Linera is a next-generation blockchain infrastructure that seeks to address some of these issues.
Here is Linera’s blog, whitepaper, and Twitter for further learning and updates.
Shoutout to NEAR SF and OnePiece Labs as our channel partners for spreading the word. We look forward to seeing more of you at our next event! As always, keep iterating 💪
2/7 - Metaverse and Gaming Conversations and Demos - RSVP
[Partner event] Networking, Drinks, and Metaverse and Gaming conversations by Open Future Forum
Meet founders in the Metaverse and Gaming spaces and share what's new.
If you have made something cool to share in the Metaverse and Gaming space OR something made by someone else please, come and share / demo. It is in a bar, but please do feel free to bring your laptop to share.
2/10 - Intro to deal structuring with Andrew and Adi, Goodwin - RSVP
One of the pain points a first-time founder has to deal with is to understand the intricacies of a deal. What do you do, and how do you understand when you receive a term sheet from an investor? And/or how do you negotiate?
A16z wrote about this article a few months ago on the various deals and structures that can be offered.
We will have a talk about this with Andrew and Adi from Goodwin.
Time/ Date: Fri, Feb 10, 2023, 11 am PT
Virtual Event: a link will be available once you sign-up here
2/21 - ChatGPT and AI + ML Revolution - RSVP
[Partner event] Meet people in ChatGPT and AI + ML Revolution by Open Future Forum
If you have made something cool to share in the ChatGPT and AI + ML Revolution space OR something made by someone else please, come and share / demo.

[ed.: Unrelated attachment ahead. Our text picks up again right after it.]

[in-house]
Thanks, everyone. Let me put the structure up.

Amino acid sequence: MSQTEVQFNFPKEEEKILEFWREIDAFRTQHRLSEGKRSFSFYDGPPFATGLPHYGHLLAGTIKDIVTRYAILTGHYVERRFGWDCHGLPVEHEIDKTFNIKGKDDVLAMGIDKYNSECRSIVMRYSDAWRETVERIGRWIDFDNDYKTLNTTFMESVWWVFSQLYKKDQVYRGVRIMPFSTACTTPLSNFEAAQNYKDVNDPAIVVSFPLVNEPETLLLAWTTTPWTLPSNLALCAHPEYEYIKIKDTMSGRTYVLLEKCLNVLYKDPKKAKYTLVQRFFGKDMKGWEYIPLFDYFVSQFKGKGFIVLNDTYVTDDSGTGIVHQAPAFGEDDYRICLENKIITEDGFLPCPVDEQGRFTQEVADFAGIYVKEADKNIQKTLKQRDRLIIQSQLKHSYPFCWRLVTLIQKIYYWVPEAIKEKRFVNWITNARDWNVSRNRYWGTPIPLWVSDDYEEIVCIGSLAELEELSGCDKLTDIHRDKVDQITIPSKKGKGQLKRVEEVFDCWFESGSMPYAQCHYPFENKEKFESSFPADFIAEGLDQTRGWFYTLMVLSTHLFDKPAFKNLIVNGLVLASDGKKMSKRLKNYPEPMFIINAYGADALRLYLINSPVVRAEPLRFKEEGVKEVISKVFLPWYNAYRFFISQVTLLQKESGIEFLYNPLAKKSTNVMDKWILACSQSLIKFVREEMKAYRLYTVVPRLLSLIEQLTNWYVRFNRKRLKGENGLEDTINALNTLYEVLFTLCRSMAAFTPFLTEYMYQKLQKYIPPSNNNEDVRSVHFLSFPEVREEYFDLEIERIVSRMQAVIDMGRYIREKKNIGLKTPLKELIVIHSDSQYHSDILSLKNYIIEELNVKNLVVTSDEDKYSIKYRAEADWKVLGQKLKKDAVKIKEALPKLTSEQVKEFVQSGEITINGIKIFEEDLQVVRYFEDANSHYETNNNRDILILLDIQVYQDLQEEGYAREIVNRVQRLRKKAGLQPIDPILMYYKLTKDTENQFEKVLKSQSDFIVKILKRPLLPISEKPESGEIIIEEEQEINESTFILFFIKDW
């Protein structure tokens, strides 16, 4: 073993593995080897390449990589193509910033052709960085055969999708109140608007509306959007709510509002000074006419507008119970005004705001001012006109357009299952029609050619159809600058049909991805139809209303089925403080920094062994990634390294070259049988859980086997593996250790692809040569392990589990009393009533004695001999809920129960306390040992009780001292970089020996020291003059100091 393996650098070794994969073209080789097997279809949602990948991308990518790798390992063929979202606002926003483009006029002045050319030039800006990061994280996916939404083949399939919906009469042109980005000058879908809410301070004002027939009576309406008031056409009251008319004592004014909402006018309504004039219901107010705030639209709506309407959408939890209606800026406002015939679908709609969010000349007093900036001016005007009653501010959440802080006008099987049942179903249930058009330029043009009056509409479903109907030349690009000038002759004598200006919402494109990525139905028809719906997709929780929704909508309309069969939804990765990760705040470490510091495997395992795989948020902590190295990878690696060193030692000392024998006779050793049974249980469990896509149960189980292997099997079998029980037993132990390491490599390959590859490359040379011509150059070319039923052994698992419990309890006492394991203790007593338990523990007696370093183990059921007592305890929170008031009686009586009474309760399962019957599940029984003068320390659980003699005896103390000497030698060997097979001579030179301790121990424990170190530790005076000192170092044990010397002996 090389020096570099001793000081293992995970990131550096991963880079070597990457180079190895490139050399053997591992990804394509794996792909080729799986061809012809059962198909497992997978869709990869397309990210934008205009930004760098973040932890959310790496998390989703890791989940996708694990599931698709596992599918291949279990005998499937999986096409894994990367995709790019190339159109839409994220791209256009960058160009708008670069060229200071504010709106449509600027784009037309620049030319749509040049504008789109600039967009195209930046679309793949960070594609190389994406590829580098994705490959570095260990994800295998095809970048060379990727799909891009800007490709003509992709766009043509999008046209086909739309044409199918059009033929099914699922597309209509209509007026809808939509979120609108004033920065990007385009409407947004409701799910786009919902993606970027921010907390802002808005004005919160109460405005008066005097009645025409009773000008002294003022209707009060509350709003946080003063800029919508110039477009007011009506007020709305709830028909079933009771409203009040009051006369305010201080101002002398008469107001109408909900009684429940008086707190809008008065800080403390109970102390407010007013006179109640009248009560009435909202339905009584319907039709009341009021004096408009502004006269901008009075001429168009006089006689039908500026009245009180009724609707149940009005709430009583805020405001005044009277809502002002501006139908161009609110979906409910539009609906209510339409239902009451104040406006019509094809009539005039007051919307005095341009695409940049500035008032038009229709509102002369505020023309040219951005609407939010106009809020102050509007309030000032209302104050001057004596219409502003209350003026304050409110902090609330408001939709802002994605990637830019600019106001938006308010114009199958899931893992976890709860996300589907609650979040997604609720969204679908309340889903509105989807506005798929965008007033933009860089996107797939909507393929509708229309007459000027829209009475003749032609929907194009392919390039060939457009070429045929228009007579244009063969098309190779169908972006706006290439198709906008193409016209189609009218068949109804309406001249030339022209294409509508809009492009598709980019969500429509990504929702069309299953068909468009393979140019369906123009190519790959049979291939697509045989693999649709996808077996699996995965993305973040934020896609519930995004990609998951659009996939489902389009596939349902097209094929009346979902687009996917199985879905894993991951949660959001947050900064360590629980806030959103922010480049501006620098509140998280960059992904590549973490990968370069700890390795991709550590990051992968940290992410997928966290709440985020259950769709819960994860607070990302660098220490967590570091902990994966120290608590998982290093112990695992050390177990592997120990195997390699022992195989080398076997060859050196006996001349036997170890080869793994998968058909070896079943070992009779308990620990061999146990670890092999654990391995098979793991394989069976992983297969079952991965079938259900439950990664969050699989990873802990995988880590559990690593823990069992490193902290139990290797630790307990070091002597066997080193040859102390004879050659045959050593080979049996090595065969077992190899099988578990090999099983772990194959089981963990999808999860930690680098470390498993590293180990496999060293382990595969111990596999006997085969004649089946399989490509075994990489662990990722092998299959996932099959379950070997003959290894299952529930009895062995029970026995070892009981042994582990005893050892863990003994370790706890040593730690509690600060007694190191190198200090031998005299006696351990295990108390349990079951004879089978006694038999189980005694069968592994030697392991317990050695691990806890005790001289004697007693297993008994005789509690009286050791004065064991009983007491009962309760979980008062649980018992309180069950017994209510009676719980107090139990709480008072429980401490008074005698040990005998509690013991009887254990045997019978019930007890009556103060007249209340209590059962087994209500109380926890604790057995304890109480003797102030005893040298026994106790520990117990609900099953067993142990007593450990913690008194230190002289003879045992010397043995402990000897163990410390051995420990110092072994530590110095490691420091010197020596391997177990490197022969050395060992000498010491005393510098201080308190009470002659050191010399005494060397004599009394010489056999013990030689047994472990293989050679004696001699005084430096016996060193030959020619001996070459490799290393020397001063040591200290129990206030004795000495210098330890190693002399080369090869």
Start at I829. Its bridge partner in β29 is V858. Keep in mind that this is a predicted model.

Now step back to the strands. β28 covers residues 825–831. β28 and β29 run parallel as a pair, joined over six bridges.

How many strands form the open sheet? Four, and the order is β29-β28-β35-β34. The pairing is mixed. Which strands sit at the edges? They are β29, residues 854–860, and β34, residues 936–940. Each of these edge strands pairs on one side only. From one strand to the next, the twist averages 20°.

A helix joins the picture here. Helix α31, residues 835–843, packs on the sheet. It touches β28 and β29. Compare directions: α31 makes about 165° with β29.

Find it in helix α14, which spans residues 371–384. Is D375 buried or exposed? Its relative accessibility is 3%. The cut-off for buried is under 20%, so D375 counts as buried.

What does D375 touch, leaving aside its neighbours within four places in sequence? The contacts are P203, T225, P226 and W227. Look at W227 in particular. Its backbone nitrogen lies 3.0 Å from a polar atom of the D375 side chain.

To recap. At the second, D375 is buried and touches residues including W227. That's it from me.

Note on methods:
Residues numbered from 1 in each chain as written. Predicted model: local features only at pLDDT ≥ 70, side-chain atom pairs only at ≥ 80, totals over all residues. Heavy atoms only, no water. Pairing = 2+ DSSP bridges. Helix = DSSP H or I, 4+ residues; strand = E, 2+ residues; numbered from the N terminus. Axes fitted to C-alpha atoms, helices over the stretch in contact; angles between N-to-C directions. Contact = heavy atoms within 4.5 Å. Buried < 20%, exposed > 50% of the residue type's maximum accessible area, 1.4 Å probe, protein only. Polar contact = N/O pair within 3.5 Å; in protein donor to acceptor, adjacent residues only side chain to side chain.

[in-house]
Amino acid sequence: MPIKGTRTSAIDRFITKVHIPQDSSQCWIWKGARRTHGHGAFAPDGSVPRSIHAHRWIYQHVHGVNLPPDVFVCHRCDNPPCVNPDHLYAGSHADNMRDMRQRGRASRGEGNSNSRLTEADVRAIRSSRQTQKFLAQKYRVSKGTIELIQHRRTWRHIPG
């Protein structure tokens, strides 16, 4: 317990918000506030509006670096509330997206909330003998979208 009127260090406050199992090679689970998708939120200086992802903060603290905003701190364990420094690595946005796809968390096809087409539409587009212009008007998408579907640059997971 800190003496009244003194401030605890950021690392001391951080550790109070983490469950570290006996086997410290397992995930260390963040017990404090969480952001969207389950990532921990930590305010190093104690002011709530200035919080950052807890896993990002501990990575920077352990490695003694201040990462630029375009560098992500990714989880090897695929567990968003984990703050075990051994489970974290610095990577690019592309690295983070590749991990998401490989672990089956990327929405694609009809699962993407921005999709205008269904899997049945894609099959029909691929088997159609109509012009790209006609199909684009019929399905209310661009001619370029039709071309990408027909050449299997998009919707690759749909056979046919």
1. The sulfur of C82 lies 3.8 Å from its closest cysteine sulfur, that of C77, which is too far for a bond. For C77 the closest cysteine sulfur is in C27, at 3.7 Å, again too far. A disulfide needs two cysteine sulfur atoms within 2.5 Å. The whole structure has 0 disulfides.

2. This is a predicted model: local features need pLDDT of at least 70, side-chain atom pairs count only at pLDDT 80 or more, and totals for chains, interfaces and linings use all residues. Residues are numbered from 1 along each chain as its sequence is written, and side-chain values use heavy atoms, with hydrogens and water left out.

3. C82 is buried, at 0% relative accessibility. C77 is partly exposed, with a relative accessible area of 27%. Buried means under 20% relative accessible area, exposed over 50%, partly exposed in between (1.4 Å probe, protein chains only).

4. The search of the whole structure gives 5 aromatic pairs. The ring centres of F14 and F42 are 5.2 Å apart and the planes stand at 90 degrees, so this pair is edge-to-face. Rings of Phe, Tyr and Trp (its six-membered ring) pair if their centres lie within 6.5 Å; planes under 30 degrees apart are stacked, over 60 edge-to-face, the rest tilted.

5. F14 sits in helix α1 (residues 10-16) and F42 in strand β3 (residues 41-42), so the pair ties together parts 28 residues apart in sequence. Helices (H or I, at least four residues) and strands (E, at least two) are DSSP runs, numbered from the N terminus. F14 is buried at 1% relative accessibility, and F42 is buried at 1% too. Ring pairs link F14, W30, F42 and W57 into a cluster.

2/27 - Fireside chat with Evan from Mysten Labs / Sui - RSVP
This is a fireside chat with Evan at Mysten Labs to learn more about the Sui ecosystem. Sui is one of the premier next-generation parallel processing blockchains backed by A16z (read more here)
Time/ Date: Mon, Feb 27, 2023, 7 pm PT
Location: 44 E 3rd Avenue, San Mateo, CA (Draper University)
March will enable withdrawals of 17.2M ETH staked or deposited in the Beacon Chain since December 2020. Only 43,200 ETH can be unstaked per day, however, the total staking reward of the past two years, ~ 1M ETH (1% of free-floating ETH), can be withdrawn instantly. (Source)
The California DMV is teaming up with Tezos blockchain for digitizing car titles and transfers. In partnership with blockchain software firm, Oxhead Alpha, the DMV aims to modernize its record-keeping and reduce the potential for fraudulent activities from car sellers. The agency hopes to have the system up and running within the next three months. The next step will be the introduction of digital wallets for non-fungible token car titles, with the DMV overseeing the transactions. (Source)